CTG UAlbany Partners with New York State on Water Quality Data Analytics

Algal blooms on Lake Erie
Algal blooms on Lake Erie. (Lake Erie MODIS Imagery, NOAA Coast Watch, Great Lakes Region)

ALBANY, N.Y. (July 22, 2021) — From the observation of chloride levels in rivers and streams to monitoring the occurrence of harmful algal blooms (HABs), New York State’s Department of Environmental Conservation (DEC) serves a critical role in tracking water quality. Working in concert with the New York State Department of Health (NYSDOH), DEC’s water quality monitoring is part of its broader mission to protect the state’s natural resources and enhance the health, safety and welfare of the people of New York.

DEC and NYSDOH are partnered with the Center for Technology in Government at the University at Albany (CTG UAlbany) to develop a Water Quality Data Analytics prototype that will help DEC and DOH to compile, process and manage water quality information.

The New York State Water Data Analytics Prototype Project is the culmination of a 30-month project funded by the Clean Water Infrastructure Act, in partnership with DEC, DOH and the Office of Information Technology Services. It resulted in the development and delivery of an innovative data analytics system prototype that will allow DEC and DOH scientists to explore the use advanced statistical and artificial intelligence (AI) analysis techniques to inform decision and policy making related to protecting water quality in New York.

“One of the goals of the Center for Technology in Government in partnering with state agencies is to assist them in managing information and bringing it together into a common analytical platform,” said J. Ramon Gil-Garcia, director of CTG UAlbany.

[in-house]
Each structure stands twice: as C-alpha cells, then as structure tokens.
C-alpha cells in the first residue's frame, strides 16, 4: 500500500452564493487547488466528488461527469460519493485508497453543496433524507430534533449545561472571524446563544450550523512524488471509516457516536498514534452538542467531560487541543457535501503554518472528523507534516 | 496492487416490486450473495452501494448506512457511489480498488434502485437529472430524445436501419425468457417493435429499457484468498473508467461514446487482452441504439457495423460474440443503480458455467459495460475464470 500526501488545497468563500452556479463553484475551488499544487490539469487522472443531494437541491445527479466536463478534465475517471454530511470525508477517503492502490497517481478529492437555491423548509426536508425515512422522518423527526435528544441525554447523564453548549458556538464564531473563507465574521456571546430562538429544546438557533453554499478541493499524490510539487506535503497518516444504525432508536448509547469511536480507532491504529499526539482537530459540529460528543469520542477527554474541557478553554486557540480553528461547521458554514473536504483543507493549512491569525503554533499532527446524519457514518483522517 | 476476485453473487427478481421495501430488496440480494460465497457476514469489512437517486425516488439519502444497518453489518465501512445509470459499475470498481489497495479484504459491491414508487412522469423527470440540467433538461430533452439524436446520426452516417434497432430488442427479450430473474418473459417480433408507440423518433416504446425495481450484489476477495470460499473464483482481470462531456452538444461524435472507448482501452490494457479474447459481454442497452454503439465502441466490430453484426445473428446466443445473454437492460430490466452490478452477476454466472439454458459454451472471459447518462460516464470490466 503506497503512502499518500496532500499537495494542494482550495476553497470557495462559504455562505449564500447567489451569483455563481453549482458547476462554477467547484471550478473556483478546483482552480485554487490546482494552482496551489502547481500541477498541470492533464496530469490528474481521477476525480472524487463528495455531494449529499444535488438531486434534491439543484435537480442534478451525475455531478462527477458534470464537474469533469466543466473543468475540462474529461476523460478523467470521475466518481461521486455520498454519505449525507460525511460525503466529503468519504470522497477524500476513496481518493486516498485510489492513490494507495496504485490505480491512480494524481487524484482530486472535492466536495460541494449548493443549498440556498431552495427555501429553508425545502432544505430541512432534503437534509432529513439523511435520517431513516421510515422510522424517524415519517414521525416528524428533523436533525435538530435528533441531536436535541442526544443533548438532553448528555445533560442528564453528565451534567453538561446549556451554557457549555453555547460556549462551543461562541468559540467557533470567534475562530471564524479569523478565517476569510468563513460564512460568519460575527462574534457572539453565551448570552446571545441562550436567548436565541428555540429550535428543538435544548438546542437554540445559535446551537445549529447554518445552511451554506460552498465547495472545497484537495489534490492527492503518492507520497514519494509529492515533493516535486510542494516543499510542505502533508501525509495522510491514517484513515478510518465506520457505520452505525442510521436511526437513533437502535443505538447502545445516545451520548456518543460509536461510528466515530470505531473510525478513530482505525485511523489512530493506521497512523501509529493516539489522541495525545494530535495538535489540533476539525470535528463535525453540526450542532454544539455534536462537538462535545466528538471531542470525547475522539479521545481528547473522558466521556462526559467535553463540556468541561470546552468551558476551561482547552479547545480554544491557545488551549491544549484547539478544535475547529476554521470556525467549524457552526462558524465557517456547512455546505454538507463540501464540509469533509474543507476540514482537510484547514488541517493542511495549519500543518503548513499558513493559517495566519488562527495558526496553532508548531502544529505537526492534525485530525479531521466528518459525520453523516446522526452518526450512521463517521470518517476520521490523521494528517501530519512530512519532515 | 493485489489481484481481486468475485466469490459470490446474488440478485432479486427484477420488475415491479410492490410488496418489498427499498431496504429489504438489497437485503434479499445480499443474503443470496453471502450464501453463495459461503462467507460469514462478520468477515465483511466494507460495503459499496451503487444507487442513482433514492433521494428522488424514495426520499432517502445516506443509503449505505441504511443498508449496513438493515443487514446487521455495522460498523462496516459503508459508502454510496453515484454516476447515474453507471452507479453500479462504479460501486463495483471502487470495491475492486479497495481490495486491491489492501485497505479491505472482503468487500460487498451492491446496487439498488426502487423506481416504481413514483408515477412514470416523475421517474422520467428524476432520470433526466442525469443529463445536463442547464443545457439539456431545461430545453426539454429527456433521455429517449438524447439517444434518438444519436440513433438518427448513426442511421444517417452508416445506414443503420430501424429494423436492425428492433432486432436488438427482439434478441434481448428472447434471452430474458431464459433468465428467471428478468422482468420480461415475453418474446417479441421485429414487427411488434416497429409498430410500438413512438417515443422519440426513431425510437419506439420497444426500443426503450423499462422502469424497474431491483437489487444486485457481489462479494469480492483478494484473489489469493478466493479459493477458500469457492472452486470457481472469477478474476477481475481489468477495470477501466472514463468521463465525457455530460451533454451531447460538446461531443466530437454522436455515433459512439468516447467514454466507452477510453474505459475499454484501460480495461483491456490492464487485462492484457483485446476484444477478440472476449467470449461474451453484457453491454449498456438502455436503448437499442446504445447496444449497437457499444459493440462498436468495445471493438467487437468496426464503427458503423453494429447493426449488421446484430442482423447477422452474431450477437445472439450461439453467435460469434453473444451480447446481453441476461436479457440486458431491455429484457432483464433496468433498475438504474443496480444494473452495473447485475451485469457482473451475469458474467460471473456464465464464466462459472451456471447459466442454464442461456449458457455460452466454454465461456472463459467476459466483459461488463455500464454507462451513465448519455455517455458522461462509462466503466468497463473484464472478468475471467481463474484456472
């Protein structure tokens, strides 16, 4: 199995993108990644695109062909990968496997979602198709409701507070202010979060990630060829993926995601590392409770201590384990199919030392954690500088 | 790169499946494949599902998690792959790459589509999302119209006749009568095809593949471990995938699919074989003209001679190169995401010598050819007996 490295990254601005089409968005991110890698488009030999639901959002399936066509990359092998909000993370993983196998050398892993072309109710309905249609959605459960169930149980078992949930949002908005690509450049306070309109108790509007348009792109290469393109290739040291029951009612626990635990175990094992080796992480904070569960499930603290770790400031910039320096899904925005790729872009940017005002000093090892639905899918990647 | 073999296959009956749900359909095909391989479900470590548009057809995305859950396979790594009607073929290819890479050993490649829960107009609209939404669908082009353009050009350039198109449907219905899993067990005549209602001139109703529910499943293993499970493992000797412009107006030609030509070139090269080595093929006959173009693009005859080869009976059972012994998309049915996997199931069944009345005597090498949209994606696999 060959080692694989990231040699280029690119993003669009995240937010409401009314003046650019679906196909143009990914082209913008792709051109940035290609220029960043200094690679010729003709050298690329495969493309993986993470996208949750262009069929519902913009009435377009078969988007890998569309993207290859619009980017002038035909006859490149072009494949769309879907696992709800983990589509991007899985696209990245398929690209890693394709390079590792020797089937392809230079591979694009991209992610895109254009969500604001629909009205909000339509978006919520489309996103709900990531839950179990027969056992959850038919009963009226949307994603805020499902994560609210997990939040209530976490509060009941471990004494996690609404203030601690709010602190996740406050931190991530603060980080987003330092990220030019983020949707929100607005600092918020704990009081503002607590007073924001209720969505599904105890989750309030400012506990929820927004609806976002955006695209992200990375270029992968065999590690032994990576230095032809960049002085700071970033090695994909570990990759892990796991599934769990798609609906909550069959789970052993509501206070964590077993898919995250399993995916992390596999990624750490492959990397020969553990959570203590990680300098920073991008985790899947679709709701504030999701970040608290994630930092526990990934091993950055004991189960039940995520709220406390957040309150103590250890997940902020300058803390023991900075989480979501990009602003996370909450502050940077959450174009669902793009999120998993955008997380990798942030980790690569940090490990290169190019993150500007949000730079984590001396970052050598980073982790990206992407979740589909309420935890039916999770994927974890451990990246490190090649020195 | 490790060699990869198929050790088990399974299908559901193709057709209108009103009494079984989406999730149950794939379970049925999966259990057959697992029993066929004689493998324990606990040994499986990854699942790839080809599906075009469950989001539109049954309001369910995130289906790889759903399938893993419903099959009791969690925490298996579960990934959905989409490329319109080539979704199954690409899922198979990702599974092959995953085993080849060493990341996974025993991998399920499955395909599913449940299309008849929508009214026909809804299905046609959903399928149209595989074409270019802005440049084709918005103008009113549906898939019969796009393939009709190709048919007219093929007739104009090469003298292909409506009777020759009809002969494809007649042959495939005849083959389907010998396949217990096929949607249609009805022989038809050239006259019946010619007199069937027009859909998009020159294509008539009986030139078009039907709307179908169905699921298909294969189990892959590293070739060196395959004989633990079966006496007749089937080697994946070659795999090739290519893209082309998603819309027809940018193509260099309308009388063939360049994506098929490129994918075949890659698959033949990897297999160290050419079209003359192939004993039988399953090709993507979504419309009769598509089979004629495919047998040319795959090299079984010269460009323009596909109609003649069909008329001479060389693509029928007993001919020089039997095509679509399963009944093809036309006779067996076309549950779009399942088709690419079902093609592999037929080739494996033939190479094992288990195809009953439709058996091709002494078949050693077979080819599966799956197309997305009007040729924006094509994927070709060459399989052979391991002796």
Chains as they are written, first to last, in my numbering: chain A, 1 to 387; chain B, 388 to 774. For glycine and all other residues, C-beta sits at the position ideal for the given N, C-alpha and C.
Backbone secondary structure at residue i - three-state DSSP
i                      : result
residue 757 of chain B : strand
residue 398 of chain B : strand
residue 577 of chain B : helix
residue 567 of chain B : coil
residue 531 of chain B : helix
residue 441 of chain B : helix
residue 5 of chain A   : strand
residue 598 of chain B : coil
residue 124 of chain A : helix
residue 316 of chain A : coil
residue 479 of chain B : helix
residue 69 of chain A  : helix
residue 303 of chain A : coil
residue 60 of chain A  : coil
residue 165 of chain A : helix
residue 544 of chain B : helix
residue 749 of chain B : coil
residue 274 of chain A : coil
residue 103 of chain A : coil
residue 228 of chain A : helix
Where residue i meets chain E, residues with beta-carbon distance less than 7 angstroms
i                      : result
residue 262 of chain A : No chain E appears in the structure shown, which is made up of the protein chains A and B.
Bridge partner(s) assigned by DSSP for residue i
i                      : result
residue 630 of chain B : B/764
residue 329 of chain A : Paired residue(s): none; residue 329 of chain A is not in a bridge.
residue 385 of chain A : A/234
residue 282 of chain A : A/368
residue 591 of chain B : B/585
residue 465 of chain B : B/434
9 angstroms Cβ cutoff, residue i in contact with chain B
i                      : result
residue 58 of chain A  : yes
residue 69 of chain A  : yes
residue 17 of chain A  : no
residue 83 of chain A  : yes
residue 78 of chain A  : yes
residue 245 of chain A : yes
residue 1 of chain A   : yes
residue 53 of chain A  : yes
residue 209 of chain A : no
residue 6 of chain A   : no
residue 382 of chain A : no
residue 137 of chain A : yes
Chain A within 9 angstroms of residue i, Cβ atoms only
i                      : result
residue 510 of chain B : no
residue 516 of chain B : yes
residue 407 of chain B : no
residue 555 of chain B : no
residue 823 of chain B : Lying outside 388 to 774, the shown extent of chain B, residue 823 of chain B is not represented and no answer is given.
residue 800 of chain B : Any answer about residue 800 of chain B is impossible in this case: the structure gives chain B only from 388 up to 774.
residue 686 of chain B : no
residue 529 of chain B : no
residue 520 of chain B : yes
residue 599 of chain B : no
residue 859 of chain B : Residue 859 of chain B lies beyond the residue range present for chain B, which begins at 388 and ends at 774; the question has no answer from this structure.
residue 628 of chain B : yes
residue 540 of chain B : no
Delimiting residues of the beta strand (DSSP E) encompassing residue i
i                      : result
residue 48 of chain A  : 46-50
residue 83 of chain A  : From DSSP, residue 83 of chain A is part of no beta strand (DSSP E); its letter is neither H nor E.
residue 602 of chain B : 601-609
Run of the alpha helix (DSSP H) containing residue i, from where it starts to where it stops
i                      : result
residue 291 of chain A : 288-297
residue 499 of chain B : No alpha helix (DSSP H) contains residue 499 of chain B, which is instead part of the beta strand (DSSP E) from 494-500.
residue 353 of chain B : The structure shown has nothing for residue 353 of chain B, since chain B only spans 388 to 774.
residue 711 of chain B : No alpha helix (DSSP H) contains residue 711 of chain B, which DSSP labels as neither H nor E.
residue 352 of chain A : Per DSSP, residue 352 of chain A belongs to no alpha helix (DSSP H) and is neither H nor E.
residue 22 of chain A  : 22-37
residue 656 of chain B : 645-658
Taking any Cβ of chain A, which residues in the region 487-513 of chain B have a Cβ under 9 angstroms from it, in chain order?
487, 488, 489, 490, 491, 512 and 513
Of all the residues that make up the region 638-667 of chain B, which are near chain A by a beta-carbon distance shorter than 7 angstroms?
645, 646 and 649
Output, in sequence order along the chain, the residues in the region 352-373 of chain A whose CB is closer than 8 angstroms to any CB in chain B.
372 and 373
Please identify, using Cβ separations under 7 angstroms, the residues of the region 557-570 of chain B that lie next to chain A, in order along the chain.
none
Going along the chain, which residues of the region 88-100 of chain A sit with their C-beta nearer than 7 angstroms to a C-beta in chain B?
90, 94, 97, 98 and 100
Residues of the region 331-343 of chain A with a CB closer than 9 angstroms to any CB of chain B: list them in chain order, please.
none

This strategy is essentially built on the principle of connecting the dots — connecting possible applications of technology with the policy and management needed to govern it through an overarching, informed and long-term perspective.

“The data could then be used to support comprehensive analysis and understanding of New York’s water quality concerns and integration of analytical outcomes into DEC and DOH programs,” said Derek Werthmuller, director technology innovation and services at CTG UAlbany.

In addition, CTG provided recommendations on developing data management governance policies and practices to help the agencies get the most value out of the data that fuels their analyses.

“It has been a very positive and enlightening experience working with the team of researchers at UAlbany’s Center for Technology in Government,” said Karen Stainbrook, chief research scientist for lake monitoring and assessment with DEC. “We are very excited about the project outcomes and the future of DEC/DOH data analytics — we are very well prepared.”

The project also provided funding support for four doctoral students and nine master students from UAlbany’s College of Engineering and Applied Sciences, the College of Emergency Preparedness, Homeland Security and Cybersecurity, Rockefeller College of Public Affairs & Policy and the College of Arts and Sciences.

“The development of the prototype provided the students with research and practical experience, applying their skills and education to real world challenges,” said Gil-Garcia, who also serves as an associate professor of public administration and policy at Rockefeller College.